Yankees need more games like this from their veterans

The plot of the Yankees’ game Saturday was borrowed from those movies in which a plane that has been presumed lost suddenly materializes and lands while missing passengers stream off the aircraft no worse for the wear from the experience.

When NYY27 touched down in The Bronx after having spent weeks in parts unknown, lo and behold there was Giancarlo Stanton and there was Josh Donaldson and there was DJ LeMahieu and there, surprise, surprise, was the offense. They spit out eight hits, five for extra bases, including three home runs, in a 6-3 victory over the Cubs.

It would have seemed kind of an ordinary hazy, lazy day of summer except it was anything but. The Yankees had been limited to 14 hits — three for extra bases — over the course of the three-game losing streak they toted into Saturday. It was anything but ordinary for a team whose production has been scraping the bottom of the AL barrel since Aaron Judge went down in Los Angeles on June 3.

Did someone say barrel? Stanton sure did when he blasted Drew Smyly’s 1-0 sinker into orbit with two out in the bottom of the first, sending the ball crashing into the façade of the third deck at the Stadium, 447 feet away. It had an exit velocity of 118.1 mph that made it the third-hardest-hit ball of the MLB season behind ones hit by Matt Olson (118.6) and Jake Burger (118.2).

“I’ve never seen anything like it,” said Gerrit Cole, who was masterful through 7 ¹/₃ innings of three-hit ball before he ran into trouble in the seventh.

Giancarlo Stanton belts a two-run homer, his second of the game, during the fifth inning of the Yankees' 6-3 loss to the Cubs.
Giancarlo Stanton belts a two-run homer, his second of the game, during the fifth inning of the Yankees’ 6-3 loss to the Cubs.
Jason Szenes for the NY Post

“I’ve never seen anything like it,” said Aaron Boone, the manager.

“Over the years I’ve got some good ones, but that was pretty nice,” said Stanton. “It was good to put us up.”

The Yankees (49-41) have one game to go before the All-Star break and are tied with the Blue Jays for the last AL wild-card spot. Cole has been an ace. Carlos Rodon’s performance Friday in his debut in pinstripes provides hope for a rotation that has been held together through the first half by bailing wire, chewing gum and Cole.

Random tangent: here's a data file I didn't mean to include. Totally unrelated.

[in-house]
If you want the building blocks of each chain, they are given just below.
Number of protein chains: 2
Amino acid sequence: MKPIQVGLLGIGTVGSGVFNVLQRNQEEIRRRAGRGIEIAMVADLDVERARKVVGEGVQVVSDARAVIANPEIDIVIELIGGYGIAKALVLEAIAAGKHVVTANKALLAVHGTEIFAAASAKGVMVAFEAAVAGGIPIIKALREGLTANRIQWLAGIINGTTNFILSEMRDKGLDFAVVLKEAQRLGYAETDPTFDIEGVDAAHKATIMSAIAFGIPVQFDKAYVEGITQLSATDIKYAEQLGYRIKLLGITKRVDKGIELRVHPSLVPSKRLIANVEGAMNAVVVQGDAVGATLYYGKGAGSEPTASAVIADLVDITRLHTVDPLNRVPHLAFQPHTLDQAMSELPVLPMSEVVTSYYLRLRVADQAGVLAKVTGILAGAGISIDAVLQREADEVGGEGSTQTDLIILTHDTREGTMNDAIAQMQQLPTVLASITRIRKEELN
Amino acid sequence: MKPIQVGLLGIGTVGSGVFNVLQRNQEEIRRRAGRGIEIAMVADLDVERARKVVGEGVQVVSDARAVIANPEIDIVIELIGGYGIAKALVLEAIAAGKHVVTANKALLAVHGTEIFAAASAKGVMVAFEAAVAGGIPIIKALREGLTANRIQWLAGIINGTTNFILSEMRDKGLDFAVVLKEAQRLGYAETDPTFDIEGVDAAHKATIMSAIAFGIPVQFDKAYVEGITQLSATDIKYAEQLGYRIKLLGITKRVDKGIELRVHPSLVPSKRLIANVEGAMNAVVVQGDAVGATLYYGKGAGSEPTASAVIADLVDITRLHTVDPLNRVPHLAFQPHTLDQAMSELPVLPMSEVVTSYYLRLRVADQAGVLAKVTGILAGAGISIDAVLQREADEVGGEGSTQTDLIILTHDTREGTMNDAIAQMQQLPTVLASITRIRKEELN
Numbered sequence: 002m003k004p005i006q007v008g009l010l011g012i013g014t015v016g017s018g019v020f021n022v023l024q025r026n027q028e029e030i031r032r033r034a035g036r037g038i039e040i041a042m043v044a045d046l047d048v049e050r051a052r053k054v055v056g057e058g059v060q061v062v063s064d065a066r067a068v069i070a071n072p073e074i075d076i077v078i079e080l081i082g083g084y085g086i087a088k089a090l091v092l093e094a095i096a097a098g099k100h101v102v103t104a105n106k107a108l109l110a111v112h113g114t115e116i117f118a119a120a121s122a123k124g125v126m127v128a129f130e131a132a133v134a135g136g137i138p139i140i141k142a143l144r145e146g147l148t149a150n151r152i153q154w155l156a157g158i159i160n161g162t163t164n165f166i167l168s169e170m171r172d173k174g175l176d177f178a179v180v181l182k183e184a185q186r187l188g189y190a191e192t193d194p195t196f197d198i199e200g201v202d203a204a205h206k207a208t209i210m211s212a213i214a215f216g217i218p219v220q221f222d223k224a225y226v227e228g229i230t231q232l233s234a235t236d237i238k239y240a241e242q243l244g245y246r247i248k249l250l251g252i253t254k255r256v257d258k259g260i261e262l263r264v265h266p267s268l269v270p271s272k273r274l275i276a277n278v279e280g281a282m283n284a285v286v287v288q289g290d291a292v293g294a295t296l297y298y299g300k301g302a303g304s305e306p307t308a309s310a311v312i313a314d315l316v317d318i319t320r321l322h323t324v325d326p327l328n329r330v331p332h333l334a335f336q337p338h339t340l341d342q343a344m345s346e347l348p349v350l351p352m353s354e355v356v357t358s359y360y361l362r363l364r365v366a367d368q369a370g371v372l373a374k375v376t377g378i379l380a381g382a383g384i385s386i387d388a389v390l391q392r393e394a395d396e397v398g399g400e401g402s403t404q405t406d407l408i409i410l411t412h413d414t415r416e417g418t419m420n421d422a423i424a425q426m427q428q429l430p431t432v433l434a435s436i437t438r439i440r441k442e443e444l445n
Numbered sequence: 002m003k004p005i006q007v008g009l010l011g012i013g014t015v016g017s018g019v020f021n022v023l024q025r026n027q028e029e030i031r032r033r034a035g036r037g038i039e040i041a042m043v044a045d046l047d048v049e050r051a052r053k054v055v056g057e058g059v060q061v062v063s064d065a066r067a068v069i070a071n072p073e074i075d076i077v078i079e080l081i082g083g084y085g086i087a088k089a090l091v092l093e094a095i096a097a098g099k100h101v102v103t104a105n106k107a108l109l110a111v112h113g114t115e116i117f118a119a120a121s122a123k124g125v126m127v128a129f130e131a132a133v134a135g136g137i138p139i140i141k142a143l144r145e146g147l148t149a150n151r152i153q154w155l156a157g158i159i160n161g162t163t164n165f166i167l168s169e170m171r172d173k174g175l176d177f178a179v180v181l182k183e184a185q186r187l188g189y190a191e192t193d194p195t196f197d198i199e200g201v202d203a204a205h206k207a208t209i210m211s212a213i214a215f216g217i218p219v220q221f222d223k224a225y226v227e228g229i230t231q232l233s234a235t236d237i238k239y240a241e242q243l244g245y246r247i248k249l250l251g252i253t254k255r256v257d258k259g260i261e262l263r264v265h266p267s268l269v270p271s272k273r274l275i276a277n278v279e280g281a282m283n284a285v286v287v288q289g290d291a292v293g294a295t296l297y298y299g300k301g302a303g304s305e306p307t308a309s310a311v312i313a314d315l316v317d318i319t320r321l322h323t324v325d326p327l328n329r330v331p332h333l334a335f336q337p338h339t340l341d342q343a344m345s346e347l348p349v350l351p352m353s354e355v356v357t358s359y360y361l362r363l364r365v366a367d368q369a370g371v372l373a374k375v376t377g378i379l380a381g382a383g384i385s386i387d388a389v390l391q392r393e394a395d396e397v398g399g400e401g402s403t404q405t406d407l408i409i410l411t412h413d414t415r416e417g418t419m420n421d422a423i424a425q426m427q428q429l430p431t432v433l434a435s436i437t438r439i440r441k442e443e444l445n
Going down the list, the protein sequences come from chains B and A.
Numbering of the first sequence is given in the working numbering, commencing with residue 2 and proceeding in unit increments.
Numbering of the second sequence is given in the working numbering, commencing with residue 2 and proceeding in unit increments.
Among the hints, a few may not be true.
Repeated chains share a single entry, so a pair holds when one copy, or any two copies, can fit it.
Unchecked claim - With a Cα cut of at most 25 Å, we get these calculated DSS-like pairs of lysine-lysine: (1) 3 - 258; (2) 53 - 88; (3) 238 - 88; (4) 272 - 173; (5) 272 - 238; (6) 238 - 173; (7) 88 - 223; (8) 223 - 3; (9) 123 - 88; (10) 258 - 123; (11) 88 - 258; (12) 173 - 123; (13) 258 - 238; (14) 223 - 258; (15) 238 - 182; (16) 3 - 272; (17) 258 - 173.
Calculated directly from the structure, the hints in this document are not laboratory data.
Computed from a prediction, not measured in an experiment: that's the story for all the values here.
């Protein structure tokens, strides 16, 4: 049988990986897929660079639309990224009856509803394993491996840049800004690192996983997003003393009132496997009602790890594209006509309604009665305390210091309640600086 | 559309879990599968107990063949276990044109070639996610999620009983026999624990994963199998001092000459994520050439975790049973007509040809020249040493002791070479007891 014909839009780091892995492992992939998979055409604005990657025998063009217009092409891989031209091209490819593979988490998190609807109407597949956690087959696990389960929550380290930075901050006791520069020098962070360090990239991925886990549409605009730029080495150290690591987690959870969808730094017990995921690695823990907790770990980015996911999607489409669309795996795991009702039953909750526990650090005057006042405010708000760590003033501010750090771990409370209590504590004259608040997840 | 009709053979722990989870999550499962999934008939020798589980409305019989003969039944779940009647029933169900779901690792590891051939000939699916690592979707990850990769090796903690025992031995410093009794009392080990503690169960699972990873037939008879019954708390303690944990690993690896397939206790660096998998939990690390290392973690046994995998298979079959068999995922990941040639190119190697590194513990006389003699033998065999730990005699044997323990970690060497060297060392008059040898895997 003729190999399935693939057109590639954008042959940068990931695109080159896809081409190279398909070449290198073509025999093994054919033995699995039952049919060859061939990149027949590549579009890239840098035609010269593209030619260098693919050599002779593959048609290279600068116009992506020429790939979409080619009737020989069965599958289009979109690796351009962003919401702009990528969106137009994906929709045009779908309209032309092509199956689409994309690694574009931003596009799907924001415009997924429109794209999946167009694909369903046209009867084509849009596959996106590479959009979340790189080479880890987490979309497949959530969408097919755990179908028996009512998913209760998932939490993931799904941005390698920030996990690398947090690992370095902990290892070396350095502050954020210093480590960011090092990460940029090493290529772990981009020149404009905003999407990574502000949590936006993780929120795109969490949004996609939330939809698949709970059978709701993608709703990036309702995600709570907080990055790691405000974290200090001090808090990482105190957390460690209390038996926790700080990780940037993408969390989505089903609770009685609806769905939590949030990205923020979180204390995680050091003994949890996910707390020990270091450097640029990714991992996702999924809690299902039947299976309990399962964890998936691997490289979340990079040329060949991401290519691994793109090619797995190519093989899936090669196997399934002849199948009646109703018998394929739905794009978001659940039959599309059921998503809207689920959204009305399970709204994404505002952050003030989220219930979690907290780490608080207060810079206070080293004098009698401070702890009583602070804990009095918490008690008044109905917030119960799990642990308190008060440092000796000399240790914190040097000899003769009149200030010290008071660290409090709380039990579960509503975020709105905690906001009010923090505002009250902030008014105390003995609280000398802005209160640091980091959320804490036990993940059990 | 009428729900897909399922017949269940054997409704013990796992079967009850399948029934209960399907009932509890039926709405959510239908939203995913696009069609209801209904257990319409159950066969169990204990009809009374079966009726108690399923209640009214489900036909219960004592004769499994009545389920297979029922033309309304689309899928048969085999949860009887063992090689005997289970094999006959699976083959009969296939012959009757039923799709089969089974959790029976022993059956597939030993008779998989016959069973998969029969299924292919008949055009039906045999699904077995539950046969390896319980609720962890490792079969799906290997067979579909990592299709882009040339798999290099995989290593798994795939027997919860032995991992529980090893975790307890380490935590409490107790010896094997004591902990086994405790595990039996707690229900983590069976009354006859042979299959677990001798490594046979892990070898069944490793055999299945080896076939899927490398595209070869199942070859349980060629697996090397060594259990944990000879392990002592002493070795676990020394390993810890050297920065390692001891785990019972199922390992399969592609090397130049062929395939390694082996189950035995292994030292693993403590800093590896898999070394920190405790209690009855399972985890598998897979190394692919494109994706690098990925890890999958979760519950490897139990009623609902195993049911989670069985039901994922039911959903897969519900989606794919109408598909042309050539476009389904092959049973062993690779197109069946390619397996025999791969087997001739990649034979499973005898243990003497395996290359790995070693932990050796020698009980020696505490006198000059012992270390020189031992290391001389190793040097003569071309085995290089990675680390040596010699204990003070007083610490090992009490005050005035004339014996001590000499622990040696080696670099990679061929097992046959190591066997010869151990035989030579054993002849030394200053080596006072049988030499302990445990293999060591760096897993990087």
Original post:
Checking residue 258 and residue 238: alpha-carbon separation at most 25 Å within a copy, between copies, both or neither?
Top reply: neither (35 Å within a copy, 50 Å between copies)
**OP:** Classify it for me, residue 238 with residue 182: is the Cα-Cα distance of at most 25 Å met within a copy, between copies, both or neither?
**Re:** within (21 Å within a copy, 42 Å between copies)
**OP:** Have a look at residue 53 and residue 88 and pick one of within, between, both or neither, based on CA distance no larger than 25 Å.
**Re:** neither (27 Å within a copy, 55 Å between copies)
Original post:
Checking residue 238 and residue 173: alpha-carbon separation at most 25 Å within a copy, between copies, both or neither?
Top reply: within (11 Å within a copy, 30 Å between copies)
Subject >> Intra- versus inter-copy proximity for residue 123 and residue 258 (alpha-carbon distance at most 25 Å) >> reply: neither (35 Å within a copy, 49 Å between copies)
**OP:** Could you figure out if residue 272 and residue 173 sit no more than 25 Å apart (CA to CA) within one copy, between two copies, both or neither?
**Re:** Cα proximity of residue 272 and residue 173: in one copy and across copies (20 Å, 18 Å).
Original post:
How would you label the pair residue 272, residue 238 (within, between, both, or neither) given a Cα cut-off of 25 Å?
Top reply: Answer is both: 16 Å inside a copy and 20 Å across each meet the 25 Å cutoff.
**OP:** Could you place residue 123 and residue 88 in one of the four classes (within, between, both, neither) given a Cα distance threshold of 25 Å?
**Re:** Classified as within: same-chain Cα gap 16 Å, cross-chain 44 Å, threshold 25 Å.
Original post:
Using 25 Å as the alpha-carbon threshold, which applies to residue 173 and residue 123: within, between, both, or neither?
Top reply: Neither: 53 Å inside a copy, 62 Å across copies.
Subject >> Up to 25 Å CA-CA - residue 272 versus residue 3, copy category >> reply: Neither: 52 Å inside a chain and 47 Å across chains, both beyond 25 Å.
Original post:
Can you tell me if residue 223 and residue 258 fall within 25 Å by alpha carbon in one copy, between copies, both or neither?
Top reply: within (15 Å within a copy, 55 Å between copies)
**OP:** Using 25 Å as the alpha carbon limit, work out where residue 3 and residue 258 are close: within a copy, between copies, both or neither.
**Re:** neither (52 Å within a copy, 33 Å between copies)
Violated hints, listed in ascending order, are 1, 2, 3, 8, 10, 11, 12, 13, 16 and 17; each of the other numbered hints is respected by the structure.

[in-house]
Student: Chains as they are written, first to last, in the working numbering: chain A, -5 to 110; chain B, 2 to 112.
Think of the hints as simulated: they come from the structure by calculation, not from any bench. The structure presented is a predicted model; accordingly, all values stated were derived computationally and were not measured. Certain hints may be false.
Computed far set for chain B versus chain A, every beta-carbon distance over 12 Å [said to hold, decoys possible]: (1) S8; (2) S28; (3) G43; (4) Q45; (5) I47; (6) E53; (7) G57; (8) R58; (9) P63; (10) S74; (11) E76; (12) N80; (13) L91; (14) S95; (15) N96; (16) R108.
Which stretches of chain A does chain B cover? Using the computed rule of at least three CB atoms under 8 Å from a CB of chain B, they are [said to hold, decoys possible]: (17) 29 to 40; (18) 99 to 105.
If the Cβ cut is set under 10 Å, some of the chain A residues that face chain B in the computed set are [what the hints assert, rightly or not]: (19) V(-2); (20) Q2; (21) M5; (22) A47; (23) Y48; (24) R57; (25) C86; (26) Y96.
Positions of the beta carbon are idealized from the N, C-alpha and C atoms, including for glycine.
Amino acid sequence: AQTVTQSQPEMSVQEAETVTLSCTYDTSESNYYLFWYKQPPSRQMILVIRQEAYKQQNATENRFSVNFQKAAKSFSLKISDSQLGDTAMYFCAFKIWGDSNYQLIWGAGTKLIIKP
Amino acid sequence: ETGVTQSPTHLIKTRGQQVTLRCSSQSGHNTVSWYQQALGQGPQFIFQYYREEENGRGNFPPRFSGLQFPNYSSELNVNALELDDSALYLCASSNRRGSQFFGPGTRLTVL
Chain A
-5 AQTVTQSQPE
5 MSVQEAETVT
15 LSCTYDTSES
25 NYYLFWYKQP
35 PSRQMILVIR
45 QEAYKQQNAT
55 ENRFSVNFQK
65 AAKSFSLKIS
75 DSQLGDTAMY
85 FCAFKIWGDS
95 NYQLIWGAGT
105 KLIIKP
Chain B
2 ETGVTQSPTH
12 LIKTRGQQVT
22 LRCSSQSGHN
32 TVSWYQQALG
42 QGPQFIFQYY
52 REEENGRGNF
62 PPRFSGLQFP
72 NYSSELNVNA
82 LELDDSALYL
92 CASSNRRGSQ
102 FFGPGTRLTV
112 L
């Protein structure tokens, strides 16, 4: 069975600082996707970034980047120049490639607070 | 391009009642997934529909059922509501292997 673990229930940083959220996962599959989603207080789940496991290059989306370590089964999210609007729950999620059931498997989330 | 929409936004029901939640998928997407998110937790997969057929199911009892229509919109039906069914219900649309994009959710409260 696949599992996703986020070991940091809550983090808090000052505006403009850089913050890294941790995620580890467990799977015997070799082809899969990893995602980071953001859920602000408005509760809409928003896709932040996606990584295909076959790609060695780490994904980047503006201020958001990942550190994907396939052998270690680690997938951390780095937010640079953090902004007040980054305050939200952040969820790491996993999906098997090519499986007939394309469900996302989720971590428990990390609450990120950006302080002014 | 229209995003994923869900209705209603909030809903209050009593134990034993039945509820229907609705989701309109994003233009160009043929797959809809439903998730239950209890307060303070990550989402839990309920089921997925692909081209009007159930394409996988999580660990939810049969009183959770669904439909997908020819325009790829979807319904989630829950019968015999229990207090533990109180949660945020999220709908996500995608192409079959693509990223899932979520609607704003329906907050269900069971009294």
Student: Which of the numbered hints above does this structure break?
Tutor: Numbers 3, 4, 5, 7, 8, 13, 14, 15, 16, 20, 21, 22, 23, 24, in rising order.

“He’s one of the game’s greats. He’s been a rock, a model of consistency for us,” Boone said of Cole, who heads to Seattle with a chance to start for the American League All-Star team after a 9-2 (2.85 ERA) first half. “He’s a great, great pitcher.”

But even if the rotation spins, the Yankees won’t go anywhere meaningful if the big names packing the lineup continue to sputter, and that applies whether or not Judge is able to provide meaningful at-bats for the club down the stretch. There is nowhere to hide for the heart of the order that has put up ghastly numbers in Judge’s absence.

Josh Donaldson celebrates with teammates after belting at a solo homer in the second inning of the Yankees' win.
Josh Donaldson celebrates with teammates after belting at a solo homer in the second inning of the Yankees’ win.
Jason Szenes for the NY Post

Stanton, in his sixth year as a Yankee, has left as light an imprint on the landscape as humanly possible for a fellow who goes 6-foot-6, 245 pounds. He has shown flashes of uncommon power, but they have been obscured by his repetitive and lengthy stays on the injured list. He has too often been an afterthought.

“He’s as unique as they come,” Boone said of Stanton, who poked one off the right-field foul pole with a man on base in the fifth inning for his second homer of the afternoon to extend the lead to 6-1. “You’ve just got to ride through it and when he locks it in he can go for a while.

“That first ball, wow, I’ve never seen that.”

Stanton, who came off a lengthy stay on the IL during the series in which Judge was injured, entered Saturday with a slash line of .151/.240/.256 with two homers and eight RBI since his return. He also had a career-low .656 OPS following last season’s second-half OPS of .582.

“I don’t put more pressure on myself because of Judge,” said Stanton, who was in the outfield (right field) for the 12th time this year. “It’s nothing to do with that for me. It’s never a lack of effort or a lack of work.”

Donaldson, included among the manifest feared missing, had a .130/.215/.406 slash line with six homers and 10 RBI since Judge left the lineup. On Saturday, he crushed his 10th home run into the left-center-field stands for a 2-0 lead in the second. That’s 10 home runs … out of his season total of 14 hits.

“I feel like my at-bats have been there,” said the third baseman, who also came off a lengthy stay on IL during that fateful series at Dodger Stadium. “I can’t control where the ball is going.”

So Stanton … and Donaldson … and hey, LeMahieu, too, who essentially has fallen off a cliff since he signed his six-year, $90 million contract ahead of the 2021 season, following his first two seasons as a Yankee, in which he posted a .336/.386/.536 slash line. Since then, he has gone .256/.340/.366 while making several trips to the IL.

But Saturday, LeMahieu hit a solid double in the second inning. Baby steps, maybe, but steps nevertheless.

The Missing reappeared on Saturday. It was quite a sight. Maybe they will even show up again Sunday.

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𝗖𝗿𝗲𝗱𝗶𝘁𝘀, 𝗖𝗼𝗽𝘆𝗿𝗶𝗴𝗵𝘁 & 𝗖𝗼𝘂𝗿𝘁𝗲𝘀𝘆:
𝗙𝗼𝗿 𝗮𝗻𝘆 𝗰𝗼𝗺𝗽𝗹𝗮𝗶𝗻𝘁𝘀 𝗿𝗲𝗴𝗮𝗿𝗱𝗶𝗻𝗴 𝗗𝗠𝗖𝗔,
𝗣𝗹𝗲𝗮𝘀𝗲 𝘀𝗲𝗻𝗱 𝘂𝘀 𝗮𝗻 𝗲𝗺𝗮𝗶𝗹 𝗮𝘁

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